Trump’s order on coal-fired power plants follows an executive order he signed last month mandating a review of an Obama-era rule aimed at protecting small streams and wetlands from development and pollution. The order instructs the EPA and Army Corps of Engineers to review a rule that redefined “waters of the United States” protected under the Clean Water Act to include smaller creeks and wetlands.
While Republicans have blamed Obama-era environmental regulations for the loss of coal jobs, federal data shows that U.S. mines have been shedding jobs for decades under presidents from both parties as a result of increasing automation and competition from natural gas, which has become more abundant through hydraulic fracturing. Another factor is the plummeting cost of solar panels and wind turbines, which now can produce emissions-free electricity cheaper than burning coal.
According to an Energy Department analysis released in January, coal mining now accounts for fewer than 75,000 U.S. jobs. By contrast, renewable energy — including wind, solar and biofuels — now accounts for more than 650,000 U.S. jobs.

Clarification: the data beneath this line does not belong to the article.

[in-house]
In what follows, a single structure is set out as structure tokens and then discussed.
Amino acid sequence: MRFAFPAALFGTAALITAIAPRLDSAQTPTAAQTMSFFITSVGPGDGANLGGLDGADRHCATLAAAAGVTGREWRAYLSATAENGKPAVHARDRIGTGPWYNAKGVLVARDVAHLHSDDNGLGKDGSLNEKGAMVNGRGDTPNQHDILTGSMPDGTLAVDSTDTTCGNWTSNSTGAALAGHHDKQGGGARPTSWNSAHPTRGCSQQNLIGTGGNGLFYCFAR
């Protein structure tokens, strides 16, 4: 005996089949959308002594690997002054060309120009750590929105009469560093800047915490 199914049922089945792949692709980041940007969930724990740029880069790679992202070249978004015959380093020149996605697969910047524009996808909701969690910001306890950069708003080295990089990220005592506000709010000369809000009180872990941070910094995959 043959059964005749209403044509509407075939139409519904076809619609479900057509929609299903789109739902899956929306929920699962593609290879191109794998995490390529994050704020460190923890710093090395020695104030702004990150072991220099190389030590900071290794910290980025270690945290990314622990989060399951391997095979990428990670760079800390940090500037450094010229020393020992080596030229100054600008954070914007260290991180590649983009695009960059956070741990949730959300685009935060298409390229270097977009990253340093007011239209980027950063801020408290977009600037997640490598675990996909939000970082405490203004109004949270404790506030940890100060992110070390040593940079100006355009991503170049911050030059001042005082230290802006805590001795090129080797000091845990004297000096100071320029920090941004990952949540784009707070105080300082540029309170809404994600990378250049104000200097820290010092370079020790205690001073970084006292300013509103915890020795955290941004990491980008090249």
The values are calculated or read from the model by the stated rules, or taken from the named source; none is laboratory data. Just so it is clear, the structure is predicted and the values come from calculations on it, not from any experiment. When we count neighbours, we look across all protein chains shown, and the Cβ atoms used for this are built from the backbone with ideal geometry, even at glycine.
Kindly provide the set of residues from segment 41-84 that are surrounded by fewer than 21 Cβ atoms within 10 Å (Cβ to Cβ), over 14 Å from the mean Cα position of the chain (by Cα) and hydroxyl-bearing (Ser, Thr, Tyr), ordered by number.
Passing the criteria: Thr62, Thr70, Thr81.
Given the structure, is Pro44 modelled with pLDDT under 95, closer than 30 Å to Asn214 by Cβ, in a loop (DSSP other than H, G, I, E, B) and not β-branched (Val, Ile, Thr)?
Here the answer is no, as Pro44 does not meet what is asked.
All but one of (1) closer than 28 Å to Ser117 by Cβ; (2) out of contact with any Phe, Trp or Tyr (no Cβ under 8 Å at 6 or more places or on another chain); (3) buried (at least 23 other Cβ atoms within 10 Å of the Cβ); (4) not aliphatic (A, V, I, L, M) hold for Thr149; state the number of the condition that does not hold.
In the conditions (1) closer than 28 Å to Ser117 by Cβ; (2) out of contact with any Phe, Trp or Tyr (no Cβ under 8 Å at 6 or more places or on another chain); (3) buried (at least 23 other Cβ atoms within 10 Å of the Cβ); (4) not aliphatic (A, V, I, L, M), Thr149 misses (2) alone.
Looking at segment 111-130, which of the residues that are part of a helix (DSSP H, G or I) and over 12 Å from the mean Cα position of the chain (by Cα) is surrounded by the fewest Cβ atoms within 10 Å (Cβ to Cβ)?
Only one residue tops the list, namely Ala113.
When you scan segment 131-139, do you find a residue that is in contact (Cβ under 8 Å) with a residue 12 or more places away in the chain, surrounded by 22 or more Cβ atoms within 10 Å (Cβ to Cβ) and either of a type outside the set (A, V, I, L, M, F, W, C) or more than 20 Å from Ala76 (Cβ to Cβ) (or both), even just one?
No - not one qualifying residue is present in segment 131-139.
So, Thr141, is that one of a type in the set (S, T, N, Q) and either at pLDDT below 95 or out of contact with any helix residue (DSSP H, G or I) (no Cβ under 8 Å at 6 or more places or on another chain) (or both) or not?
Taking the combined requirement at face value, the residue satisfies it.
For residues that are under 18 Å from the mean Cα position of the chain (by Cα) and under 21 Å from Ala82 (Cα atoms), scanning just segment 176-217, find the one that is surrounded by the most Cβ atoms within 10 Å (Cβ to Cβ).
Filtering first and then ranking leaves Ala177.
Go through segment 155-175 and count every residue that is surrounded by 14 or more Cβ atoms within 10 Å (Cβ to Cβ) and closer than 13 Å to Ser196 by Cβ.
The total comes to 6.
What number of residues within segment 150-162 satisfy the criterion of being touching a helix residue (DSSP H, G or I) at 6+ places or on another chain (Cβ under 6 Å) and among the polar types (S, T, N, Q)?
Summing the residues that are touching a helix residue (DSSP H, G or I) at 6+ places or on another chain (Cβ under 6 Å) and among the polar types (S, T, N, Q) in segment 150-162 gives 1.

The Trump administration’s plans drew praise from business groups and condemnation from environmental groups.
U.S. Chamber of Commerce President Thomas J. Donohue praised the president for taking “bold steps to make regulatory relief and energy security a top priority.” “These executive actions are a welcome departure from the previous administration’s strategy of making energy more expensive through costly, job-killing regulations that choked our economy,” he said.
Former Vice President Al Gore blasted the order as “a misguided step away from a sustainable, carbon-free future for ourselves and generations to come.”
“It is essential, not only to our planet, but also to our economic future, that the United States continues to serve as a global leader in solving the climate crisis by transitioning to clean energy, a transition that will continue to gain speed due to the increasing competiveness of solar and wind,” he said in a statement.